The present version of that threat (to the entire world) started in 2010, when U.S. President Barack Obama (who had just won the Nobel Peace Prize for his rhetoric) met privately in the White House with the then newly and democratically elected President of Ukraine, Viktor Yanukovych, who had just been elected by Ukrainians on a platform of continuing into the future the geostrategic neutrality of Russia’s next-door neighbor Ukraine regarding the continuing goal of the U.S. Government to conquer Russia. Yanukovych refused to assist America in that regard, but would also not oppose it; Ukraine would remain neutral. Later that same year, Obama’s Secretary of State Hillary Clinton met privately with Yanukovych in Kiev, and the result was the same: Ukraine would remain neutral regarding Russia and the United States. Then, in 2011, two agents of the CIA-created Google Corporation, Eric Schmidt and Jared Cohen, who happened to be personal friends and associates of Ms. Clinton (plus some of those men’s close associates), met privately with Julian Assange for a ‘friendly’ visit allegedly in order to quote him in their upcoming book, The New Digital Age: Transforming Nations, Businesses, and Our Lives  how to stir up and organize a grass-roots movement online so as to enhance democracy. Only later did Assange recognize that he had divulged to them tips that were subsequently used by the U.S. State Department and CIA to organize the coup that overthrew Yanukovych in February 2014. Assange then headlined in October 2014, “Google Is Not What It Seems”. That’s when Assange noted, “Jared Cohen could be wryly named Google’s ‘director of regime change.’”

This coup (called ’the Maidan revolution’ or “Euromaidan”) started being organized inside the U.S. Embassy in Ukraine by no later than 1 March 2013, but Wikipedia says instead: “Euromaidan started in the night of 21 November 2013 when up to 2,000 protesters gathered at Kiev’s Maidan Nezalezhnosti and began to organize themselves with the help of social networks.” (Nothing was mentioned there about the U.S. Embassy’s having organized them.)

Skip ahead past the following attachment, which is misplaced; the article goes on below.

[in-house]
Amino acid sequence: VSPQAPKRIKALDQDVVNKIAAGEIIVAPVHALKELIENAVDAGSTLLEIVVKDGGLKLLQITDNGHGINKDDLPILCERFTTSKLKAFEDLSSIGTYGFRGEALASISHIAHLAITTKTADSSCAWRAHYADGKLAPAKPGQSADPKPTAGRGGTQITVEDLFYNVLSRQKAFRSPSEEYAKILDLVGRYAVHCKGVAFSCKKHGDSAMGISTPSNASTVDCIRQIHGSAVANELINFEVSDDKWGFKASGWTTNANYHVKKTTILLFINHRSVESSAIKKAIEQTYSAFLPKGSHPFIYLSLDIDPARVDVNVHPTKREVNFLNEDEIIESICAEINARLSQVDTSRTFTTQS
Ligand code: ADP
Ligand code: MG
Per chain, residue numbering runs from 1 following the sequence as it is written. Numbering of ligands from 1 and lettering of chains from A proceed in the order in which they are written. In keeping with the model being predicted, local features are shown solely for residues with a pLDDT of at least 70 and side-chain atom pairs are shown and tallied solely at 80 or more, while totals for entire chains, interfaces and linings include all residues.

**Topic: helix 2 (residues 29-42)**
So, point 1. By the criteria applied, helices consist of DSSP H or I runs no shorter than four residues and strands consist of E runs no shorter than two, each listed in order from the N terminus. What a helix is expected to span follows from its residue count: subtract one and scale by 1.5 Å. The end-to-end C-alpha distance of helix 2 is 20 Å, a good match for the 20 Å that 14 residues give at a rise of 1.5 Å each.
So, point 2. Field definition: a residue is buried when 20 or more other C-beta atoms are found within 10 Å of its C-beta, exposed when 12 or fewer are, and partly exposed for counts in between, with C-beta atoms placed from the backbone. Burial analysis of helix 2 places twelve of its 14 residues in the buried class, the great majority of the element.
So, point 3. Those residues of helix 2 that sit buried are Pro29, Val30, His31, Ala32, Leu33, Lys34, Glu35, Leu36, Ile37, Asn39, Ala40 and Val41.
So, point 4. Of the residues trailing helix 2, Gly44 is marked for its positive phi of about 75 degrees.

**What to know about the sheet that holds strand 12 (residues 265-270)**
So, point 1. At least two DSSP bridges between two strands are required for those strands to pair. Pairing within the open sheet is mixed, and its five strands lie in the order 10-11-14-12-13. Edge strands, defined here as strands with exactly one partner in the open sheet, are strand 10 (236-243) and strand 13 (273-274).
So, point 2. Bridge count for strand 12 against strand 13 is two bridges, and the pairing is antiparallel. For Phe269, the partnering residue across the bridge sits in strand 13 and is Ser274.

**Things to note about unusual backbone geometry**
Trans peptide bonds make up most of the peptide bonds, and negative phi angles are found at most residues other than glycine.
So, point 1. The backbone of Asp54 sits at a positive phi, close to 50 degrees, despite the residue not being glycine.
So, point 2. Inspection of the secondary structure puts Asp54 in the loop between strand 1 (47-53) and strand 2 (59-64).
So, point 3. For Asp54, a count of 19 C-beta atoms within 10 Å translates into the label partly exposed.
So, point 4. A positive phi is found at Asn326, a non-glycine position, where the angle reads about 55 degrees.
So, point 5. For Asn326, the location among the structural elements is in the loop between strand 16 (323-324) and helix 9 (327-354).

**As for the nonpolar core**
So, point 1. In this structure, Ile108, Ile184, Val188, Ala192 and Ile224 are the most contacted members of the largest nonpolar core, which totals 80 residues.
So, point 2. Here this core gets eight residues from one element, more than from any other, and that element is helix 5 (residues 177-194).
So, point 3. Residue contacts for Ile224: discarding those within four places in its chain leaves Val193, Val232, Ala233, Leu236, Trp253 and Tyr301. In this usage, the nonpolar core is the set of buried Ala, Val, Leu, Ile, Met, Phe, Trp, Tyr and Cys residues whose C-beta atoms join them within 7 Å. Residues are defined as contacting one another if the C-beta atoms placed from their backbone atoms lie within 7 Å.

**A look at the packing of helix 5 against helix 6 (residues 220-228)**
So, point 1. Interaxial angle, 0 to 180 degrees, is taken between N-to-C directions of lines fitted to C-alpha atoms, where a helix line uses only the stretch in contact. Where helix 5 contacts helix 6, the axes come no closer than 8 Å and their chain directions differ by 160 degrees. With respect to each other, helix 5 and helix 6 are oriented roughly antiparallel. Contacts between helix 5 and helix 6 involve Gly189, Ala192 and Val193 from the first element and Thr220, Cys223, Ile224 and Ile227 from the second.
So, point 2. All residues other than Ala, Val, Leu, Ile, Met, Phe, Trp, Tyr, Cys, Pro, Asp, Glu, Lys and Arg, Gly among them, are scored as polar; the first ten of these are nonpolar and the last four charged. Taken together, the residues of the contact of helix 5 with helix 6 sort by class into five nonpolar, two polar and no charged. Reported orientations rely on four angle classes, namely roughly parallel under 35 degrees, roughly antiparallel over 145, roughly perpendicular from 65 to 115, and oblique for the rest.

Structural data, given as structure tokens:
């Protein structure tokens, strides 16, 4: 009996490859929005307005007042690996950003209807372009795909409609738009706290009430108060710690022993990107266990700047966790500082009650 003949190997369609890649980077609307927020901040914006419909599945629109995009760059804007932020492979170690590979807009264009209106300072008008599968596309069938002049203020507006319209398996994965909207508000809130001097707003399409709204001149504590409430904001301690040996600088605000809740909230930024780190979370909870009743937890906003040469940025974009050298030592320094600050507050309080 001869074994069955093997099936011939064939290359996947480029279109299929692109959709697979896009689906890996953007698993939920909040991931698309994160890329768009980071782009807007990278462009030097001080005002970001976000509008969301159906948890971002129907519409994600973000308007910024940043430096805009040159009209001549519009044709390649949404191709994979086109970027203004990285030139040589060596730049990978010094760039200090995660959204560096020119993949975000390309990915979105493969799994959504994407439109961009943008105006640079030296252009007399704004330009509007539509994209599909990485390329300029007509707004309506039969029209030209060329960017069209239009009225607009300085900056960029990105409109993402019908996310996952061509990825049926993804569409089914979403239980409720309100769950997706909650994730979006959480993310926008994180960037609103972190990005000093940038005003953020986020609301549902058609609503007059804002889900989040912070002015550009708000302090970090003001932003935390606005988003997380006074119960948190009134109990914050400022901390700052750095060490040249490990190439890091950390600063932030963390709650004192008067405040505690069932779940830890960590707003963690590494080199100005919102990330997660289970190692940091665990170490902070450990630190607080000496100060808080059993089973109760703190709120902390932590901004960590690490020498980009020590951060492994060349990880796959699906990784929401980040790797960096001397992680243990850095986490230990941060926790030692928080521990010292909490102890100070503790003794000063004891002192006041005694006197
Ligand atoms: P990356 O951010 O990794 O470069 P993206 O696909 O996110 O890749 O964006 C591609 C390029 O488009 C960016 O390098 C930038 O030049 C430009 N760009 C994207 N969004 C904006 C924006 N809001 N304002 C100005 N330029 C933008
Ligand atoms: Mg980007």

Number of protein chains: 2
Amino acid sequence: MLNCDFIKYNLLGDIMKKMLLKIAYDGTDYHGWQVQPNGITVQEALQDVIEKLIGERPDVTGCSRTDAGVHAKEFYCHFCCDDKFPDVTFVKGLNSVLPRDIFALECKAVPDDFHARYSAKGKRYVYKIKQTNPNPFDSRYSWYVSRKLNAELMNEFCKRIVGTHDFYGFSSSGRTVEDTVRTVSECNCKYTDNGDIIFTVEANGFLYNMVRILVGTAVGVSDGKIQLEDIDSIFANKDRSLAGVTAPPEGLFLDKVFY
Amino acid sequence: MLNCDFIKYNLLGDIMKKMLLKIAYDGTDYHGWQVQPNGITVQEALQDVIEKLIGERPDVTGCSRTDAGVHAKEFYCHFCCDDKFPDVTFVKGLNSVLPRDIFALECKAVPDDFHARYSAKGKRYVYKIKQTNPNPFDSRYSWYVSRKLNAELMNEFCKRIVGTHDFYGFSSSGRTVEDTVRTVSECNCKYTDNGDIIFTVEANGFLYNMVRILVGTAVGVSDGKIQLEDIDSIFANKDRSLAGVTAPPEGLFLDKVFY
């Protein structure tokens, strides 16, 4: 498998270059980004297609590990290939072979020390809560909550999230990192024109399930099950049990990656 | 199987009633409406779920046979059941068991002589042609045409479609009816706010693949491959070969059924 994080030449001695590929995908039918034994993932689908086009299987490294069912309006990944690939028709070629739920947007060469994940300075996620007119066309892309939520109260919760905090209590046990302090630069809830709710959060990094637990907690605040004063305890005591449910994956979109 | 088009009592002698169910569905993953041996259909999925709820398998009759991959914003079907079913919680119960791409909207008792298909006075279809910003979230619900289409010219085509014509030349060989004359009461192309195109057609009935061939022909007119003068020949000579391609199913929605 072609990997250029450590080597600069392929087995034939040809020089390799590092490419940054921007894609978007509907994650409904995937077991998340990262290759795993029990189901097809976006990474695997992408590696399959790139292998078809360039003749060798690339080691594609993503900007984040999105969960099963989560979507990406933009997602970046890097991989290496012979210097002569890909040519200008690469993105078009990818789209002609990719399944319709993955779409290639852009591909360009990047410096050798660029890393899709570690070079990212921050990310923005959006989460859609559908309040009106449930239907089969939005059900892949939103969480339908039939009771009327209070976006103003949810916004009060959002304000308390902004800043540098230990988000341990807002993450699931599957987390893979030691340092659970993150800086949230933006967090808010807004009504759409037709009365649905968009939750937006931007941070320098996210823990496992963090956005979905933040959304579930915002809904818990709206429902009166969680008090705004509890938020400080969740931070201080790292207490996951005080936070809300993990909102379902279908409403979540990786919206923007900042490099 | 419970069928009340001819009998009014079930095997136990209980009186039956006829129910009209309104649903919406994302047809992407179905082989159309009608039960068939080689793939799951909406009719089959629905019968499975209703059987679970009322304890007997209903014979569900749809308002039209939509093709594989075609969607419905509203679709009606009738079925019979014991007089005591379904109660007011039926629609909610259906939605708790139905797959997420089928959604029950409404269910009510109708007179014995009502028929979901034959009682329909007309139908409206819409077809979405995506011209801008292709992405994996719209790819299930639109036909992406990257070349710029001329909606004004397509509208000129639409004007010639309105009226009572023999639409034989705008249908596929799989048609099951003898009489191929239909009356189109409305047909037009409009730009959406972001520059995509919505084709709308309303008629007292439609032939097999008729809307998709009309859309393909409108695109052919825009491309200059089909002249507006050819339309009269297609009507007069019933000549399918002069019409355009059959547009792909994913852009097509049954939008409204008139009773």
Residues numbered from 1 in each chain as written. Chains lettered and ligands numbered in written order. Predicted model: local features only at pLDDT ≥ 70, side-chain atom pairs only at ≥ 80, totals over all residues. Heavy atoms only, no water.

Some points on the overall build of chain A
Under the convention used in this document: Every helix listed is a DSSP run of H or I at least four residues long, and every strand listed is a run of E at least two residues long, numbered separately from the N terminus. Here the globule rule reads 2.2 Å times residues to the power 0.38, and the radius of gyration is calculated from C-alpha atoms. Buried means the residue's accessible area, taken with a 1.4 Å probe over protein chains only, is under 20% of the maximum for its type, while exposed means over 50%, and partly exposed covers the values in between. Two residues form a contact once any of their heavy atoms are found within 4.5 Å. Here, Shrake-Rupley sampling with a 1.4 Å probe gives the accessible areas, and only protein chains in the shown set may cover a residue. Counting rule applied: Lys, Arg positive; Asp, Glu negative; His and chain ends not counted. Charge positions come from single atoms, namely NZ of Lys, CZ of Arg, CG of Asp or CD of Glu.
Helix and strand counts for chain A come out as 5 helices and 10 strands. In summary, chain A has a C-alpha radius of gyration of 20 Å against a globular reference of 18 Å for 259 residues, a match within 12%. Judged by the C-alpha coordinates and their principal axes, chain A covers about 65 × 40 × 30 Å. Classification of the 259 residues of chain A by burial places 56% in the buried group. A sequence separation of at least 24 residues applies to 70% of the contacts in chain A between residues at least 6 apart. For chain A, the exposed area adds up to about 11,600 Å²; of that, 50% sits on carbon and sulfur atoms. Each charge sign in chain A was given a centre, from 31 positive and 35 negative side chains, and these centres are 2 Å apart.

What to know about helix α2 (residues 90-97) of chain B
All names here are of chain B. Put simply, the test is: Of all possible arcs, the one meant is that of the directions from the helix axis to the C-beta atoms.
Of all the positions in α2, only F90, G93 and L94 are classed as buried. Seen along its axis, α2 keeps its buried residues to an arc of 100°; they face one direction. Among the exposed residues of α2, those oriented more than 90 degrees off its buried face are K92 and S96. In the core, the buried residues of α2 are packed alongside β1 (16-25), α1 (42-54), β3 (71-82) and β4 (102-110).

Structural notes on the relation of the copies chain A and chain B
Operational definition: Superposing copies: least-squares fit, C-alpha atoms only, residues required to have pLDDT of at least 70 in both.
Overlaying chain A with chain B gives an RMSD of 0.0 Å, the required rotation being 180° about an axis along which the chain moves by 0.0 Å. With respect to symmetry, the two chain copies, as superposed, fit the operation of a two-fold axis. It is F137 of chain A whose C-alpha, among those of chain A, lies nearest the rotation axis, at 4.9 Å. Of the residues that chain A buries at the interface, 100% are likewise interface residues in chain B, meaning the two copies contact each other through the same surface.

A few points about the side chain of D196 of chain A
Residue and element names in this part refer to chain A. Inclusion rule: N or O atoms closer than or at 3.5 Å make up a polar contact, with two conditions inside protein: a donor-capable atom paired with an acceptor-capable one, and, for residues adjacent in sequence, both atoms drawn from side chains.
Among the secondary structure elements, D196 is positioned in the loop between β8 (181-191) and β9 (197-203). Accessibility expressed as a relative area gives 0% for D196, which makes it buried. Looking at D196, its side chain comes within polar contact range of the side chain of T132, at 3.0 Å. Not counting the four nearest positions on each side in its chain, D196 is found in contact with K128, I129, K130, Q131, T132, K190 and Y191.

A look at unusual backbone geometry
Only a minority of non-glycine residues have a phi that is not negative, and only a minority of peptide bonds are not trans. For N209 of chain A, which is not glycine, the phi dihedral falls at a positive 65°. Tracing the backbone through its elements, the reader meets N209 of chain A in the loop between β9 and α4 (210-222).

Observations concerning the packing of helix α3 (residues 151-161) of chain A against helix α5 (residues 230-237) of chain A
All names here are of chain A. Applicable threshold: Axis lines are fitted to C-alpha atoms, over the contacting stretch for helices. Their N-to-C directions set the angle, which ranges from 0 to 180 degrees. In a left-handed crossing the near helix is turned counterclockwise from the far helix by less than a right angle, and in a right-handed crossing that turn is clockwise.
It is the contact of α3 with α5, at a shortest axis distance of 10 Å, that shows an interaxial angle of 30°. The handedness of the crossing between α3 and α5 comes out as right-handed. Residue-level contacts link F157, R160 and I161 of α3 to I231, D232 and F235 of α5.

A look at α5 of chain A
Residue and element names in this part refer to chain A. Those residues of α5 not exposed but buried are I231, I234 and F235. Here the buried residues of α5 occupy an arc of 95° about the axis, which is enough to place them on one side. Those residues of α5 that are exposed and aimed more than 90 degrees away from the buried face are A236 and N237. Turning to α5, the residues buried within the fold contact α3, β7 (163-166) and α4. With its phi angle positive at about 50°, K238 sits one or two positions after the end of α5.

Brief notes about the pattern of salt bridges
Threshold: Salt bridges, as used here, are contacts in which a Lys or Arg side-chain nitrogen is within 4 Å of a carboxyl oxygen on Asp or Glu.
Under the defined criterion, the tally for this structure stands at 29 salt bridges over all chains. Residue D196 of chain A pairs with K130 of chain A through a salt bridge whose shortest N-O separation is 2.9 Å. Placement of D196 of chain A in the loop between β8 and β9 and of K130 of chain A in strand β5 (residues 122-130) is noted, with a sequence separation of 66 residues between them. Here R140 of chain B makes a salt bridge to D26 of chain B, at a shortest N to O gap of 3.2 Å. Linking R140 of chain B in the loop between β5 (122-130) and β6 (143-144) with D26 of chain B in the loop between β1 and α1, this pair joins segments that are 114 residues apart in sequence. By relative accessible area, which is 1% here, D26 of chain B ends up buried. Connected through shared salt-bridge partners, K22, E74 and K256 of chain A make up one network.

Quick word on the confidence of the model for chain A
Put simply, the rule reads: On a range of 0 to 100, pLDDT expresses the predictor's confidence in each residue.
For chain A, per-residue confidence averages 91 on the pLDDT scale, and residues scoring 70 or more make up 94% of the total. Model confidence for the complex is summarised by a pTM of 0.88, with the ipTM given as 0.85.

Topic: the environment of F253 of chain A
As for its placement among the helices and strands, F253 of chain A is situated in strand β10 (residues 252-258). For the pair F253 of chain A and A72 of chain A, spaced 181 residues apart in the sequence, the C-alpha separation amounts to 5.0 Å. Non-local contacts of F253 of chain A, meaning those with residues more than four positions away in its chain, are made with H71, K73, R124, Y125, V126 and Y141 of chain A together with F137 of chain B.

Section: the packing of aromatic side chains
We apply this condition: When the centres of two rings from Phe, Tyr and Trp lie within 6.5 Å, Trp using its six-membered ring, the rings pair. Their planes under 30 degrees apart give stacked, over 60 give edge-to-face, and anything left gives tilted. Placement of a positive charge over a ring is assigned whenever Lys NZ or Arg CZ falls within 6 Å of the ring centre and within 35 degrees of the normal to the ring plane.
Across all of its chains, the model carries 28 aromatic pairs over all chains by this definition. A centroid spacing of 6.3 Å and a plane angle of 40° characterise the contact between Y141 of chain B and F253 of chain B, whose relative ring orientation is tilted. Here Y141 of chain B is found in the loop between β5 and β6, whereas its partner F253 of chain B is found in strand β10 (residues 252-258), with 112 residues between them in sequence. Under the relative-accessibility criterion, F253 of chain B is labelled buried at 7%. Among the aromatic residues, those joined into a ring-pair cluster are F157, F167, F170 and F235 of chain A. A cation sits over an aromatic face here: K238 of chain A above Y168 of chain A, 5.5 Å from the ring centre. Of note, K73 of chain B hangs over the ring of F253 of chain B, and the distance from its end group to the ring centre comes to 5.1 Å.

The U.S. Government had also engaged the Gallup polling organization, both before and after the coup, in order to poll Ukrainians, and especially ones who lived in its Crimean independent republic, regarding their views on U.S., Russia, NATO, and the EU; and, generally, Ukrainians were far more pro-Russia than pro-U.S., NATO, or EU, but this was especially the case in Crimea; so, America’s Government knew that Crimeans would be especially resistant. However, this was not really new information. During 2003-2009, only around 20% of Ukrainians had wanted NATO membership, while around 55% opposed it. In 2010, Gallup found that whereas 17% of Ukrainians considered NATO to mean “protection of your country,” 40% said it’s “a threat to your country.” Ukrainians predominantly saw NATO as an enemy, not a friend. But after Obama’s February 2014 Ukrainian coup, “Ukraine’s NATO membership would get 53.4% of the votes, one third of Ukrainians (33.6%) would oppose it.” However, afterward, the support averaged around 45% — still over twice as high as had been the case prior to the coup.

In other words: what Obama did was generally successful, it grabbed Ukraine, or most of it, and it changed Ukrainians’ minds regarding America and Russia. But only after the subsequent passage of time did the American neoconservative heart become successfully grafted into the Ukrainian nation so as to make Ukraine a viable place to position U.S. nuclear missiles against Moscow. Furthermore: America’s rulers also needed to do some work upon U.S. public opinion. Not until February of 2014 — the time of Obama’s coup — did more than 15% of the American public have a “very unfavorable” view of Russia. (Right before Russia invaded Ukraine, that figure had already risen to 42%. America’s press — and academia or public-policy ‘experts’ — have been very effective at managing public opinion.)